Four percussionists perform John Cages's 1991 numbered work "Four4" in four movements using flexible time brackets in a sensitive and authoritative rendering of this fascinating work.
Label: Another Timbre
Catalog ID: at34
Squidco Product Code: 14015
Packaging: Jewel Tray
Recorded by Simon Reynell in Belsize Park, North London on January 14th, 2010.
Highlight an artist name or instrument above
and click here to Search
1. Untitled Track 01 20:06
2. Untitled Track 02 17:51
3. Untitled Track 03 19:40
4. Untitled Track 04 16:48
Related Categories of Interest:
Percussion & Drums
lowercase, micro-improv, sound improv
Staff Picks & Recommended Items
London & UK Free Improvisation Scene
sample the album:
"This version of the very late Cage piece for four percussionists (it was composed in 1991, a year before his death) was realised by a quartet of improvisers, at least two of whom perhaps wouldn't immediately strike you as percussionists. The group consist of Simon Allen, a straight percussionist I believe, whose music I have not come across before, Mark Wastell, who plays the tam tam on this disc, percussion with a minimal slant, Chris Burn, who plays the inside piano, albeit it in an often percussive manner, and Lee Patterson, whose sound sources are not detailed but I hear things fizzing in glasses of water and other things burning here, so a percussionist only in a fairly wide sense of the term. This matters not though. Cage's score essentially allows the musicians a fair amount of scope. They get to pick the sounds they use, and with a few chance elements thrown in, they play a small selection of sounds that they chose before hand in time brackets randomly chosen by Cage using a computer programme. So throughout the seventy-two minute long work extended sounds of one kind or another slip and slide across each other, sometimes two or three sounding at once, quite often none sounding at all, and so we get to follow Cage's instruction to just sit and listen until the next sounds arrive.
The thing about this piece, as I find with the majority of Cage's late "Numbers" scores, is that how good it is, or how exciting/beautiful/interesting (delete as appropriate) it may sound is entirely reliant on the advance selections made, firstly the selection of the musicians- a poor quartet with little understanding of the work would sound terrible very easily here, and then the selection of sounds by each musician. Some advance consideration must be made, albeit it perhaps subconsciously, about how the sounds might all fit together. So all of the sounds here are generally either soft, extended, droning choices, or gritty repetitive patterns that add texture, but the occasions when two or more sounds don't fit together nicely are few and far between, though when they do occur they stand out a mile. the sounds here on this new realisation are rich and finely detailed, perhaps not so far from the sounds the musicians usually improvise with.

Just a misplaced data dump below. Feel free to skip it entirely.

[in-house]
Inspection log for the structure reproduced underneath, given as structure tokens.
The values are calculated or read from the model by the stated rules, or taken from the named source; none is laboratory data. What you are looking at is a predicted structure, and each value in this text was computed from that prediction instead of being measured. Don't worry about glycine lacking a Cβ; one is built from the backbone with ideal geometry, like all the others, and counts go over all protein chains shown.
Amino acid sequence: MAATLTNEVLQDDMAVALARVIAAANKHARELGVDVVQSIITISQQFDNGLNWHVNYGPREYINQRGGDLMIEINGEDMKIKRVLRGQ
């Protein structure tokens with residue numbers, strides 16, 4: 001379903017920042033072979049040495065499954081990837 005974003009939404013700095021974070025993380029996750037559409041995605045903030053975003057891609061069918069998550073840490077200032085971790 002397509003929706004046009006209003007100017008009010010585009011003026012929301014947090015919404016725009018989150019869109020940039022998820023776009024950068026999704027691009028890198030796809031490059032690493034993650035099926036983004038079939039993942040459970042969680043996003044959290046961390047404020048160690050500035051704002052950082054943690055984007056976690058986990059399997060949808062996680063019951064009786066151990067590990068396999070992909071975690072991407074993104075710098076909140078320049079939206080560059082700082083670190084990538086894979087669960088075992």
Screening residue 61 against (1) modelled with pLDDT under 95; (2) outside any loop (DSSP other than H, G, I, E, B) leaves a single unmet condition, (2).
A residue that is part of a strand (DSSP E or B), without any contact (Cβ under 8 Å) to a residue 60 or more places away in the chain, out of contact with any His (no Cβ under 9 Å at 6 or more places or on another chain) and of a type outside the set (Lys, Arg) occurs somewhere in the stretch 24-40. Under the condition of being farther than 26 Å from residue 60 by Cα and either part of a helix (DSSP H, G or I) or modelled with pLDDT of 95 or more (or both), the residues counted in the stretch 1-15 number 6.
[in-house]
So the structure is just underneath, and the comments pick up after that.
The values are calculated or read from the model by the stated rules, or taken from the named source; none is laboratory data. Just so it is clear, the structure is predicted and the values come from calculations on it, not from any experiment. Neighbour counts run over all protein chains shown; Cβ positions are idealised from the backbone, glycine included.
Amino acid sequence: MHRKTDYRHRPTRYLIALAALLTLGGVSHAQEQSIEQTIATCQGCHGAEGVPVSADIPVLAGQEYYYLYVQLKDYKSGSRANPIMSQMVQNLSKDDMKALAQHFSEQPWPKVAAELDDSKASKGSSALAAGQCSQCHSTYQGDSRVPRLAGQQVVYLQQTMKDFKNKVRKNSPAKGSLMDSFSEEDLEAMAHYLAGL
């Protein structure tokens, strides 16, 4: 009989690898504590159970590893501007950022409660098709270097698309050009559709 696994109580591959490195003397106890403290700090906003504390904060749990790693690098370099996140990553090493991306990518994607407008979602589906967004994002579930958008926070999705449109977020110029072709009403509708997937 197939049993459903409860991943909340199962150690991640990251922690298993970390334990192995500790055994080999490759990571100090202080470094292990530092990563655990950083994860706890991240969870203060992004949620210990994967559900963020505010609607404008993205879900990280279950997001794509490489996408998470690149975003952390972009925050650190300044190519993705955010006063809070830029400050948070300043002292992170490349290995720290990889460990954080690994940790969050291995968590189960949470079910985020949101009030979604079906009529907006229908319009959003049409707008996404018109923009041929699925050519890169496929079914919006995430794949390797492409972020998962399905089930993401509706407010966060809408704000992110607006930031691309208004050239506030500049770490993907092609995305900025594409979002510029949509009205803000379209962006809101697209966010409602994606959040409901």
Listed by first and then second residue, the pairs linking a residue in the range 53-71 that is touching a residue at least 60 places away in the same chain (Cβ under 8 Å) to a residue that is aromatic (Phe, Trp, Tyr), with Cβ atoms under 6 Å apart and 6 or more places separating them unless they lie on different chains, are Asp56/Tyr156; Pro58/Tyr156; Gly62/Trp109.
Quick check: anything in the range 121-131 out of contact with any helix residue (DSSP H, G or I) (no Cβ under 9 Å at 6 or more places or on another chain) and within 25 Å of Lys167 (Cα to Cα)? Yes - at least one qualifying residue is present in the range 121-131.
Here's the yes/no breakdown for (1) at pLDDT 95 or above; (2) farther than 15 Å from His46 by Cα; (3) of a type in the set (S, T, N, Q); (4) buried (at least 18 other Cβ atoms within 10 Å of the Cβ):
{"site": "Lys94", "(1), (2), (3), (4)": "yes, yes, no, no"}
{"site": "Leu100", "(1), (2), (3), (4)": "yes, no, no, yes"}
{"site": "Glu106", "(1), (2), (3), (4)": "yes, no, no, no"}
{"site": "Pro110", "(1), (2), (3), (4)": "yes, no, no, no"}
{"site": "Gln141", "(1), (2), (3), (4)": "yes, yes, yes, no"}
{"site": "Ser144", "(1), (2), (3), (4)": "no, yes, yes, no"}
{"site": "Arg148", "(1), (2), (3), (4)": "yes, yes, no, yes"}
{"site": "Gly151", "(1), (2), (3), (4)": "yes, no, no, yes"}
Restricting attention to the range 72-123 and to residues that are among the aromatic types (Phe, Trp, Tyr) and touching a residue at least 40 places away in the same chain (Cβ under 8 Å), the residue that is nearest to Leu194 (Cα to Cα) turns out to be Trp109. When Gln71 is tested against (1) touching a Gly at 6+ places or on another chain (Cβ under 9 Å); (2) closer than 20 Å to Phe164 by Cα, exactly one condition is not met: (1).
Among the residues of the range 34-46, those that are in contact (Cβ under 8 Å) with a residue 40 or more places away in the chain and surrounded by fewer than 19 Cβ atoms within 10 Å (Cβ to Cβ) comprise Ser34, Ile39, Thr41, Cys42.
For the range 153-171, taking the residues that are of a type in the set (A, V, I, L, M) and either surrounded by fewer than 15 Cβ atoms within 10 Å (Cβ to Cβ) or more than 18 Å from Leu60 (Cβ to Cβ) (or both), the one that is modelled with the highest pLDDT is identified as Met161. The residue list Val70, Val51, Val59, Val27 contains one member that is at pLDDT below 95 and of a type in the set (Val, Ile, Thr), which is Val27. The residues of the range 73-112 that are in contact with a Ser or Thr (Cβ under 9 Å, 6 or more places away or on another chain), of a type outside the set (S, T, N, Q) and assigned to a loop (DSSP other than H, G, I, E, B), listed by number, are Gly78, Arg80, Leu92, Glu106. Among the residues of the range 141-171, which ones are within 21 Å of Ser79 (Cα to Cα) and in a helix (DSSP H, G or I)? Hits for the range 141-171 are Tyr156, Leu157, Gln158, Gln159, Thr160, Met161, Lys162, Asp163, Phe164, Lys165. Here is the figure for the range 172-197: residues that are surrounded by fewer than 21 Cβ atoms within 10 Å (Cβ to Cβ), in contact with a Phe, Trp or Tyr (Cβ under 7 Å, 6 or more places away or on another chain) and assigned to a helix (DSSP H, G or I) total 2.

The sounds are all quite lovely, often hard to assign to any one of the quartet, but they glow with a warmth that gives the CD a feeling of slow, methodical beauty. There are several lengthy silences in there as well, and coming between the little gusts of acoustic sound they are always a welcome breather from the storm. These 'silences' or rather, opportunities to just listen are often quite long, and sometimes feel unexpected, but such if the random nature for the composition. The element of surprise is what makes this kind of composition realisation so intriguing.
So, this isn't just a disc for Cage completists. The sounds are often thoroughly beautiful, and where they cross and blend their attraction is only enhanced. The choice of improvisers to create the music allows a flexibility in the sounds, choices made that perhaps would never have been made by a quartet of more traditional contemporary composition musicians. A very nice CD then that brings a fresh look to Cage's numbers pieces."-Richard Pinnell, The Watchful Ear
At The Squid's Ear!